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Dental Assistant

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Overall Score
(6.1 out of 10)

Number of Jobs

74,400

Median Salary

$34,500

Unemployment Rate

4.1 percent

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This Job is Ranked in
Best Health Care Jobs #30
The 100 Best Jobs #66

Admit it: You think every scrub-wearing worker in the dentist’s office is either a dentist or dental hygienist. Some of them are, but some of the other professionals performing integral tasks in running the office and facilitating care are actually dental assistants. And what do they do?

The short list of their duties includes preparing patients for treatments and teeth cleanings, plus sterilizing instruments. They also often assist dentists during procedures by using suction equipment to clear patients’ mouths. Dental assistants might also process oral X-rays and help maintain patient records. Depending on their licensing and certification, dental assistants might help with fluoride and sealant applications and polishing teeth and dentures.

According to the Bureau of Labor Statistics, there should be more than 74,000 new openings for dental assistants up to the year 2022. That amounts to nearly 24.5 percent employment growth, which is much faster than the average for all professions. There are several reasons for the increased openings, including the fact that current generations take better care of their teeth than their parents and grandparents and regularly visit a dental office. Expanded health insurance coverage has also led to more patients, which should drive the demand for dental assistants in dentists’ offices and outpatient care centers.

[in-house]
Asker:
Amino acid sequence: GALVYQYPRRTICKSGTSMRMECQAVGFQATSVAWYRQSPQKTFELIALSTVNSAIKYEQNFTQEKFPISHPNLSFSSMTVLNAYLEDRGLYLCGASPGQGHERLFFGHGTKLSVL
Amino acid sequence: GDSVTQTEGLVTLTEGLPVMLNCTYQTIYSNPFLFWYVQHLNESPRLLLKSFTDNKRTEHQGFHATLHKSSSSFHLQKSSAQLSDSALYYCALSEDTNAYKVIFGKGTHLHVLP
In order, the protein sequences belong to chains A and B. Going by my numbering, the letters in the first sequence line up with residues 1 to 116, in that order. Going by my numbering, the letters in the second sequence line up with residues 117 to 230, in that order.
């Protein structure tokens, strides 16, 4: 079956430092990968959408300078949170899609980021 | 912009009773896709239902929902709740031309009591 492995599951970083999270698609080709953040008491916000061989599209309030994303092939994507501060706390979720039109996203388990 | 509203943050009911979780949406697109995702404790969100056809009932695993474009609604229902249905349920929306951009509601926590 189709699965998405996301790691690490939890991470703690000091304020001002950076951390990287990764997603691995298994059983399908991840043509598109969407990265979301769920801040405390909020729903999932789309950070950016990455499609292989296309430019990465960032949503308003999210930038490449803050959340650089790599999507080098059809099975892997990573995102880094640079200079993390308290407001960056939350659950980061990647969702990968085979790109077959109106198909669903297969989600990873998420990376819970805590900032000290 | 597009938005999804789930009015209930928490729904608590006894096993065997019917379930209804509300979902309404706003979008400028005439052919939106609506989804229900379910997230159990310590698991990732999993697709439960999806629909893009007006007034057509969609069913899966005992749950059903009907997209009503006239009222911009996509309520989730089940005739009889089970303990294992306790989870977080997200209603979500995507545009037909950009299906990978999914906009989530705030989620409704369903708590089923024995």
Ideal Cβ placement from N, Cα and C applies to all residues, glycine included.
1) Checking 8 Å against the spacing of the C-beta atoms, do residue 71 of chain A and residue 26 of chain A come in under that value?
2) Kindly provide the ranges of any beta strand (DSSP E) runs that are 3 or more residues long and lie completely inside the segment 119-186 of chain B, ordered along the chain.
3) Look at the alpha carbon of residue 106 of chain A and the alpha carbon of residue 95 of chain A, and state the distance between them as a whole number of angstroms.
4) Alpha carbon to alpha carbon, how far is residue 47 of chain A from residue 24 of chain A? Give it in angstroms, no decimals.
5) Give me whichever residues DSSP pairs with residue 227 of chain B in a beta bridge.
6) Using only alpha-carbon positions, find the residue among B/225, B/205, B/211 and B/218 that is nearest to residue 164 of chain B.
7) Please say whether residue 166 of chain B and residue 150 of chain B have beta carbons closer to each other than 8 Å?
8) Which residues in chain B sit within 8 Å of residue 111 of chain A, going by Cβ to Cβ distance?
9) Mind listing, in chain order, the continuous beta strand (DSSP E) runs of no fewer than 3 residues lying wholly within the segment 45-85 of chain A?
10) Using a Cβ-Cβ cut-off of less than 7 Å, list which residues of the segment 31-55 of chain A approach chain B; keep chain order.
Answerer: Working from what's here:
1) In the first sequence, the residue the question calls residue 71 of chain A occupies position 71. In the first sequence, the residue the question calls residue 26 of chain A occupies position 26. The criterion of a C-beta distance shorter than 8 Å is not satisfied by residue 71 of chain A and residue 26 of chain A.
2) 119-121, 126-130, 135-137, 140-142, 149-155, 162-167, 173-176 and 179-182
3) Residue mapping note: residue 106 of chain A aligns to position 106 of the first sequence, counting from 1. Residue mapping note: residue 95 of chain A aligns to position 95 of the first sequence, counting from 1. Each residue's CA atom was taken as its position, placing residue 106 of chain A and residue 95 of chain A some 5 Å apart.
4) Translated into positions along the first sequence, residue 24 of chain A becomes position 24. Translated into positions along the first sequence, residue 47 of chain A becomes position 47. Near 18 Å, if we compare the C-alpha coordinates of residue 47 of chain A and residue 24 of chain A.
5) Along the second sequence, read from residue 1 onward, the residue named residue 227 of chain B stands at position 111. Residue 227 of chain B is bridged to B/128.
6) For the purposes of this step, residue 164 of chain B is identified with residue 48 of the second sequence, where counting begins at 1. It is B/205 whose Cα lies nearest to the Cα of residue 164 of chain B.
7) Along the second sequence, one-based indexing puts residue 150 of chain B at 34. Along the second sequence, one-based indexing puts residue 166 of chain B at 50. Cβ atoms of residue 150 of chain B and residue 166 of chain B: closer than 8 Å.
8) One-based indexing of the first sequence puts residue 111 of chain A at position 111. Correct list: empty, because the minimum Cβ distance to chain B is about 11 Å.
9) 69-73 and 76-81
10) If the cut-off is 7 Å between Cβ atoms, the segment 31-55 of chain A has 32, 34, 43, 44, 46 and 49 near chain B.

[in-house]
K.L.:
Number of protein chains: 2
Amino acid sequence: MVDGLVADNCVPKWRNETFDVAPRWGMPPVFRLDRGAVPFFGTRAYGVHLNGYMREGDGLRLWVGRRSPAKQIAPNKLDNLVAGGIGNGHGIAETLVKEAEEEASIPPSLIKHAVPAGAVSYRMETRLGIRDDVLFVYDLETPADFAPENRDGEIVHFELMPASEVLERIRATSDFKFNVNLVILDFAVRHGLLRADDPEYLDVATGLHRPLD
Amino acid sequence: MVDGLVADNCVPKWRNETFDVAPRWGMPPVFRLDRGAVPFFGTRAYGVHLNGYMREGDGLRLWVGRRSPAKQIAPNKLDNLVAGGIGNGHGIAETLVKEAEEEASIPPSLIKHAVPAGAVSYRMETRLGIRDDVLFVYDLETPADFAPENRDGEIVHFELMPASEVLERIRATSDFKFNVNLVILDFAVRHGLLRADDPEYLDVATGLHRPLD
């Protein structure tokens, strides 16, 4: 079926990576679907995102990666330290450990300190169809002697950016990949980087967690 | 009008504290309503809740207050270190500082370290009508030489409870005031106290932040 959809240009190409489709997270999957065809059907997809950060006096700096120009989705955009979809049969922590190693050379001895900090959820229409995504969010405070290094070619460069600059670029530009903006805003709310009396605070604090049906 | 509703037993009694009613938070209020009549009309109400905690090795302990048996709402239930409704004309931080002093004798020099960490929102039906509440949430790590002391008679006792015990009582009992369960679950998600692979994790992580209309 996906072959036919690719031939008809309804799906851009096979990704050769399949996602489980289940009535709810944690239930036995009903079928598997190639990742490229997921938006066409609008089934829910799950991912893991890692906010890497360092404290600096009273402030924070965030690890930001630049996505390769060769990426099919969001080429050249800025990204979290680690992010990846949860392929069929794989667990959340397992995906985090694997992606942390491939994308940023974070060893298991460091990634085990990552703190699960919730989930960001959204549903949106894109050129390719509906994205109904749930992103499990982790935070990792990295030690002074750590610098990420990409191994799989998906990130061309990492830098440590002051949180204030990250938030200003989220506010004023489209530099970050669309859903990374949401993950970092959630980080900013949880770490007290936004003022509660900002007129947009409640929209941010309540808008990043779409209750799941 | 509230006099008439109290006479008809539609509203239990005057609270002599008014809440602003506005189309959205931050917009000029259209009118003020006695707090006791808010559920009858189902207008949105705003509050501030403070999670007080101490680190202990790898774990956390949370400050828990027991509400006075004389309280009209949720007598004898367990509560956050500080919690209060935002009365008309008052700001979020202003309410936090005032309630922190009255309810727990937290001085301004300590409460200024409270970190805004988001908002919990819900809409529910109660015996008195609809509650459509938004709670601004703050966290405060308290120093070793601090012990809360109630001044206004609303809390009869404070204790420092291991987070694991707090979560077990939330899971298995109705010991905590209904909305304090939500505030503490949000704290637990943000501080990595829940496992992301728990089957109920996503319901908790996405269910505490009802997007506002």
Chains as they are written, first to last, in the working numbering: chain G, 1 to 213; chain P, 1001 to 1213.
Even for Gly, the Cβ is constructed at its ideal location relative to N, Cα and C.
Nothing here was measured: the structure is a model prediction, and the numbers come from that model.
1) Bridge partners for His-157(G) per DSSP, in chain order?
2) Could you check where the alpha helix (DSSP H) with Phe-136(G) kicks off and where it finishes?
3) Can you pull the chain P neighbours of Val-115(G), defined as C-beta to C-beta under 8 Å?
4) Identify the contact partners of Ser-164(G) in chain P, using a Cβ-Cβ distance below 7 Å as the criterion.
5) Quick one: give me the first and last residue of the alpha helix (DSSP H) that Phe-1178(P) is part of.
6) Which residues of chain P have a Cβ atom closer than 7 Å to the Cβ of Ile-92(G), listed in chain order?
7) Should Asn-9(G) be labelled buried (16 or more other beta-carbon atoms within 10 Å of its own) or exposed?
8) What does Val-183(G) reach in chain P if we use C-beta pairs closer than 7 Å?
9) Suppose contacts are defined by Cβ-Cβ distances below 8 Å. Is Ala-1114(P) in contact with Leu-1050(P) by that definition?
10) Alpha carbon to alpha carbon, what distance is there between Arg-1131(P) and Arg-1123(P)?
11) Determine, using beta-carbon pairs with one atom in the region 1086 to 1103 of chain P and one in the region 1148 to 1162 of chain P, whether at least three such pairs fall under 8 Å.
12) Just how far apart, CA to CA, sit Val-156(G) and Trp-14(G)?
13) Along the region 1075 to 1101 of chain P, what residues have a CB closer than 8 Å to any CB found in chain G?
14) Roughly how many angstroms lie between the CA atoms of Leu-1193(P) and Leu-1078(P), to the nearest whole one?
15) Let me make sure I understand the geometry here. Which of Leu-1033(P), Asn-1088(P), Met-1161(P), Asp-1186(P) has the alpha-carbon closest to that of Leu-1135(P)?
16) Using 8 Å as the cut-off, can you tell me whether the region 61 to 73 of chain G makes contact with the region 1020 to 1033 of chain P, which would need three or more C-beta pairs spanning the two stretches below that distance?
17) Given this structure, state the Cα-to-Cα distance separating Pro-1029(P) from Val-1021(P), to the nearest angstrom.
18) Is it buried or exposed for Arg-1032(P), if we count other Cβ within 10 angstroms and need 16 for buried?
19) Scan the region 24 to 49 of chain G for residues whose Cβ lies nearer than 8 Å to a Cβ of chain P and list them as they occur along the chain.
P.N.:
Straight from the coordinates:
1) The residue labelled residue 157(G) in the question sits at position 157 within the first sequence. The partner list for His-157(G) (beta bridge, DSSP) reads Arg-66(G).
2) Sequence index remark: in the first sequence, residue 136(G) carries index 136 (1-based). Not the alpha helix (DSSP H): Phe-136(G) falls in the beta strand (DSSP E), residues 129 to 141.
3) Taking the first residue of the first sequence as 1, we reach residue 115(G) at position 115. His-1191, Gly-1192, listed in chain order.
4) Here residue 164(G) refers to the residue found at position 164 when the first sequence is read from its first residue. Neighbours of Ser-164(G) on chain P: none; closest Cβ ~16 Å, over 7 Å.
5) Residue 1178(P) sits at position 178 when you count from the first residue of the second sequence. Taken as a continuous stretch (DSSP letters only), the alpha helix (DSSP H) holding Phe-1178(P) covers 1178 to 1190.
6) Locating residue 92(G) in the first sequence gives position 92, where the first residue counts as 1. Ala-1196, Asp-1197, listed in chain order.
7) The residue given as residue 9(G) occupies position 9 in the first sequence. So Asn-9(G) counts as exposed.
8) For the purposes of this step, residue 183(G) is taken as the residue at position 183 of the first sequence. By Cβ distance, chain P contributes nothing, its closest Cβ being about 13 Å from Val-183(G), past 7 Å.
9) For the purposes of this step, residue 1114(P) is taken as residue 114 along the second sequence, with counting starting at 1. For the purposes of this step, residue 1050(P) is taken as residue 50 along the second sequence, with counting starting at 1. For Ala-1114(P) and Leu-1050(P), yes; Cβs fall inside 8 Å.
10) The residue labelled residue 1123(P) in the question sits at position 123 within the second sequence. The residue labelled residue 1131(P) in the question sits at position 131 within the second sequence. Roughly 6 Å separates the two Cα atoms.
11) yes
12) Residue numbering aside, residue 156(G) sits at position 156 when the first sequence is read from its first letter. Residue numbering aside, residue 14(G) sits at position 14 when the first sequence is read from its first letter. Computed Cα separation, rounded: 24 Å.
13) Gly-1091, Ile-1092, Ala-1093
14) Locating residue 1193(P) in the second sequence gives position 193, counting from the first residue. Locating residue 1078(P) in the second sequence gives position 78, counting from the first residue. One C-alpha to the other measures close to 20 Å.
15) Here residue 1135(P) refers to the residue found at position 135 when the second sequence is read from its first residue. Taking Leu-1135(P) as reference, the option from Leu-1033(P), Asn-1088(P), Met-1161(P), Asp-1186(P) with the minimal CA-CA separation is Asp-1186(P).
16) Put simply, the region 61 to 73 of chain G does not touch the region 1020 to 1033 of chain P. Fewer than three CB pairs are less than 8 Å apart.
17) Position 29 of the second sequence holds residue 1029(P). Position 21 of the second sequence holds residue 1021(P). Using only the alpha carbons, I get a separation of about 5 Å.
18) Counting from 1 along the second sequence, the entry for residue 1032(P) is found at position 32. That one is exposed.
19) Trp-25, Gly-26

Salary

The pay scale for dental assistants ranges from about $23,550 to $47,580. In 2012, the average pay for dental assistants was $35,080 and the median pay was $34,500. Those with the highest salaries live in the metropolitan areas of San Francisco, Nashua, N.H., and Haverhill, Mass.

Salary Range

75th Percentile $41,310
Median $34,500
25th Percentile $28,380

Training

Dental assistant is one of the few jobs we cover that doesn’t necessarily require formal training. But it should, says Claudia Pohl, former president of the American Dental Assistant Association and a veteran in the field with more than 35 years of experience. “The responsibilities of dental assistants are expanding, partially to facilitate more people getting access to care in this country when they can’t afford to visit a dentist,” Pohl says. “It’s not in patients’ best interests to receive treatment from someone who isn’t fully qualified.” Check your state’s requirements to know the training, certification and licensing you’ll need to begin work. An accredited program lasts for one to two years. For certification, a dental assistant must pass the Certified Dental Assistant exam administered by the Dental Assisting National Board.

Working as a dental assistant is also an excellent launching pad to becoming a dental hygienist or dentist. The licensing and training are slightly different for each of those positions, but the experience an assistant receives while working with patients, learning safety procedures and navigating the logistics of a dental office could be particularly beneficial for advancing in the dentistry field.

Reviews & Advice

Even dental assistants living in a state that doesn’t require licensure should work to attain one, according to Pohl. A license will distinguish you in terms of experience and knowledge, and it’s also in the best interest of the patients. “The average person would be appalled if they were to find out the person working in their mouth doesn’t have accreditation, licensing or credentials,” she says.

“If I were hiring a dental assistant, I’d look for someone with some education and the licensure that’s appropriate for their state,” Pohl adds. “I’d also want a worker who was good with people, who is a team player, and who can get along with others and who has an I’m-in-it-to-help-everybody attitude.”

Job Satisfaction

Upward Mobility good High
Stress Level fair Average
Flexibility good Above Average
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Last updated by Jada A. Graves.


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